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Sucralose - Safety and Information

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Updated February 05, 2014

Sucralose is a popular artificial sweetener usually sold under the brand name Splenda. It's not poisonous, it doesn't cause cancer and it isn't a pesticide. Sucralose does not break down in the body and it doesn't release chlorine into your body.

It's manufactured from sugar, but in its finished form it's approximately 600 times sweeter, so very little is needed. Most sucralose passes through your digestive system without being absorbed. The small amount that's absorbed leaves the body through the urine.

Sucralose is made by adding three chlorine atoms to each molecule of sucrose. This process makes the sugar indigestible so the body doesn't recognize it as a carbohydrate. Since it isn't digested like sugar, the body isn't able to use it for energy, so no calories are consumed.

Don't let the chlorine scare you. Remember it's also found (as chloride) in table salt, lettuce and mushrooms. Twenty years of science has shown sucralose to be safe for humans to consume.

Sucralose is already found in many products such as diet sodas, yogurt and breakfast cereal. Individually-sized yellow Splenda packets are easy to spot in almost every restaurant and coffee shop to sweeten both hot and cold beverages.

It can be sprinkled on your cereal, in your coffee or used as an ingredient in cooking and baking. Splenda is available in large packages for use in baking and cooking. It's important to note that Splenda is a blend of sucralose and some starches that have some calories - so Splenda has about 95 calories per cup.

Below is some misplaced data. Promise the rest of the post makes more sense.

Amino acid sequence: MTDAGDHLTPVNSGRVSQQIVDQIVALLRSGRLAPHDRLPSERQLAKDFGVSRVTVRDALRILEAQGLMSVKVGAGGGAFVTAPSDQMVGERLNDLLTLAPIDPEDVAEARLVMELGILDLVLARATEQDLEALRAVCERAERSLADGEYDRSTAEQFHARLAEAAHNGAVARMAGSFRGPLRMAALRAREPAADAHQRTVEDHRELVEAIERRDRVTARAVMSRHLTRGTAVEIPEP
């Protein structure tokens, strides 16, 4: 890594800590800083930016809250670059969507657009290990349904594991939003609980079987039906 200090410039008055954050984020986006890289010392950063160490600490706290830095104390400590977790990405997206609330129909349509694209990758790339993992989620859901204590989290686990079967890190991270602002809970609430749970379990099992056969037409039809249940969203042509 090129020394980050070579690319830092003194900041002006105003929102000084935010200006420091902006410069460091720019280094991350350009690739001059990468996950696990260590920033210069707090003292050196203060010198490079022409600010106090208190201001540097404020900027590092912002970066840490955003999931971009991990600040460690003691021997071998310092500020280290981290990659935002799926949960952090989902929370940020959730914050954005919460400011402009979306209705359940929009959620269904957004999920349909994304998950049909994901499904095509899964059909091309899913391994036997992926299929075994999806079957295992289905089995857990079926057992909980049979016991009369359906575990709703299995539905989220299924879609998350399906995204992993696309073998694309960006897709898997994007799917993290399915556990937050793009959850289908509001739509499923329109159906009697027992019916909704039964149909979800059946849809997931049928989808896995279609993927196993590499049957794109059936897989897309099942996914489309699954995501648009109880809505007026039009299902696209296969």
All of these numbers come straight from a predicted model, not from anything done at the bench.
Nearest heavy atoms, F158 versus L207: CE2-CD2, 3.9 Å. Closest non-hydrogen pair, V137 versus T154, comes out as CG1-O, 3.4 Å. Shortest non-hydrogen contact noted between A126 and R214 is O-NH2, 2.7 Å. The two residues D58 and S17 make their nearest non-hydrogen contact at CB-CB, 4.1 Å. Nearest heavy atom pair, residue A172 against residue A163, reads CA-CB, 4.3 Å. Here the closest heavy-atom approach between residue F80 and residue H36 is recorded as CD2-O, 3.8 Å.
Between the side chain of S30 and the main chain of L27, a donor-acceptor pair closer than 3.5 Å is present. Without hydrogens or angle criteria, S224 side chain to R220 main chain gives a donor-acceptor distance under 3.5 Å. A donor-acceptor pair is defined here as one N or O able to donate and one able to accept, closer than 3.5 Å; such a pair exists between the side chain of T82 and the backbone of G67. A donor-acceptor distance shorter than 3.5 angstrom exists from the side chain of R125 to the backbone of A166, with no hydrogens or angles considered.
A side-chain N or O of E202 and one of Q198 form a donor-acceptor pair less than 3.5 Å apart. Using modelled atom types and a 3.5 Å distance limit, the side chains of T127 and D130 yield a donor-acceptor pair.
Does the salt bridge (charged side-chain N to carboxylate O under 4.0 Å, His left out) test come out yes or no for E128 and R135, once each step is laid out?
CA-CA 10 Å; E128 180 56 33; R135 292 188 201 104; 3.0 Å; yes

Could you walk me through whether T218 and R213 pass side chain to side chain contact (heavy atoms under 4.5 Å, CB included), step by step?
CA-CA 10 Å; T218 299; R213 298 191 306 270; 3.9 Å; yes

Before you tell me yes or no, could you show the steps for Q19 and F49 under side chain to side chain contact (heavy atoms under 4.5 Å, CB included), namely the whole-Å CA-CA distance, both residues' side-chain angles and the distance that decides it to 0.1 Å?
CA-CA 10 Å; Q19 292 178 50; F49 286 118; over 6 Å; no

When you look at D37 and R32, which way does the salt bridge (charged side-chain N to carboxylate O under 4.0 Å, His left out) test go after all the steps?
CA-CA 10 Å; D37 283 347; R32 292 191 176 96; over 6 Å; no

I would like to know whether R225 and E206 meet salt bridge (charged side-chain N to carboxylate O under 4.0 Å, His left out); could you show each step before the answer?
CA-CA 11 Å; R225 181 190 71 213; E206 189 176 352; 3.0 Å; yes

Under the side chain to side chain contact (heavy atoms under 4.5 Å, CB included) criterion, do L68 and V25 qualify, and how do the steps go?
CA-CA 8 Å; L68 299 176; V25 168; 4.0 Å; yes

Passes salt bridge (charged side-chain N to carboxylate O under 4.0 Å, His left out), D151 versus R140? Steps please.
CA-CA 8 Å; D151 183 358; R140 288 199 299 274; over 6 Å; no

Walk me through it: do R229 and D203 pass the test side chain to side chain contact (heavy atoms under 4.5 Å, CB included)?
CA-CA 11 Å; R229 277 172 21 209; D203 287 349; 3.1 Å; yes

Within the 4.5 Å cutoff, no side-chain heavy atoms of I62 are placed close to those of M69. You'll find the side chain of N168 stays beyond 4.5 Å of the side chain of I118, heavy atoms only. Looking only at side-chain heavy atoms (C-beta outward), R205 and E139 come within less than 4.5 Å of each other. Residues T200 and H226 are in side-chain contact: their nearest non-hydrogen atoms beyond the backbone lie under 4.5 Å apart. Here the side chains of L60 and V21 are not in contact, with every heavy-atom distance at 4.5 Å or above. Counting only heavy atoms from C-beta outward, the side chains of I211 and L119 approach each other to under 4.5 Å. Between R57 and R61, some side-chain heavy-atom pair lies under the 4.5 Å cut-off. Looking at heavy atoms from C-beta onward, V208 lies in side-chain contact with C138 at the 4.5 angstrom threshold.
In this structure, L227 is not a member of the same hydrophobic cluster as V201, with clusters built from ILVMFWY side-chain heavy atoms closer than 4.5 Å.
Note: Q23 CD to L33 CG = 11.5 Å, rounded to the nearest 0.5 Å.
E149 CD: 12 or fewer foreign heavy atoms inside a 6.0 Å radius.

Sucralose has been used safely as an artificial sweetener for over 20 years. Canada was the first country to approve it for use in foods and beverages. The United States Food and Drug Administration (FDA) approved sucralose in 1998 after reviewing 110 scientific studies. It's approved for use by everyone including pregnant women and children.

There are a few anecdotal reports of adverse reactions to sucralose, and some dubious websites claim it's a cause of several illnesses including thymus damage, which could affect the immune system. That claim is based on one laboratory study where young rats fed sucralose and low-calorie diets suffered from shrinking thymus glands. But that's a common response for rats when they are under stress due to weight loss for any reason and isn't specific to sucralose consumption. Follow-up studies did not discover any evidence of immune system dysfunction.

Other No-Calorie and Reduced Calorie Sweeteners

Sucralose Recipes

Sources:

International Food Information Council. "Everything You Need to Know About Sucralose." June 2004.

Kille JW, Ford WC, McAnulty P, Tesh JM, Ross FW, Willoughby CR. "Sucralose: lack of effects on sperm glycolysis and reproduction in the rat." Food Chem Toxicol. 2000;38 Suppl 2:S19-29.

Academy of Nutrition and Dietetics. "Facts About Sucralose." 2006.

Academy of Nutrition and Dietetics. "Position of the Academy of Nutrition and Dietetics: use of nutritive and nonnutritive sweeteners." J Am Diet Assoc. 2004 Feb;104(2):255-75.

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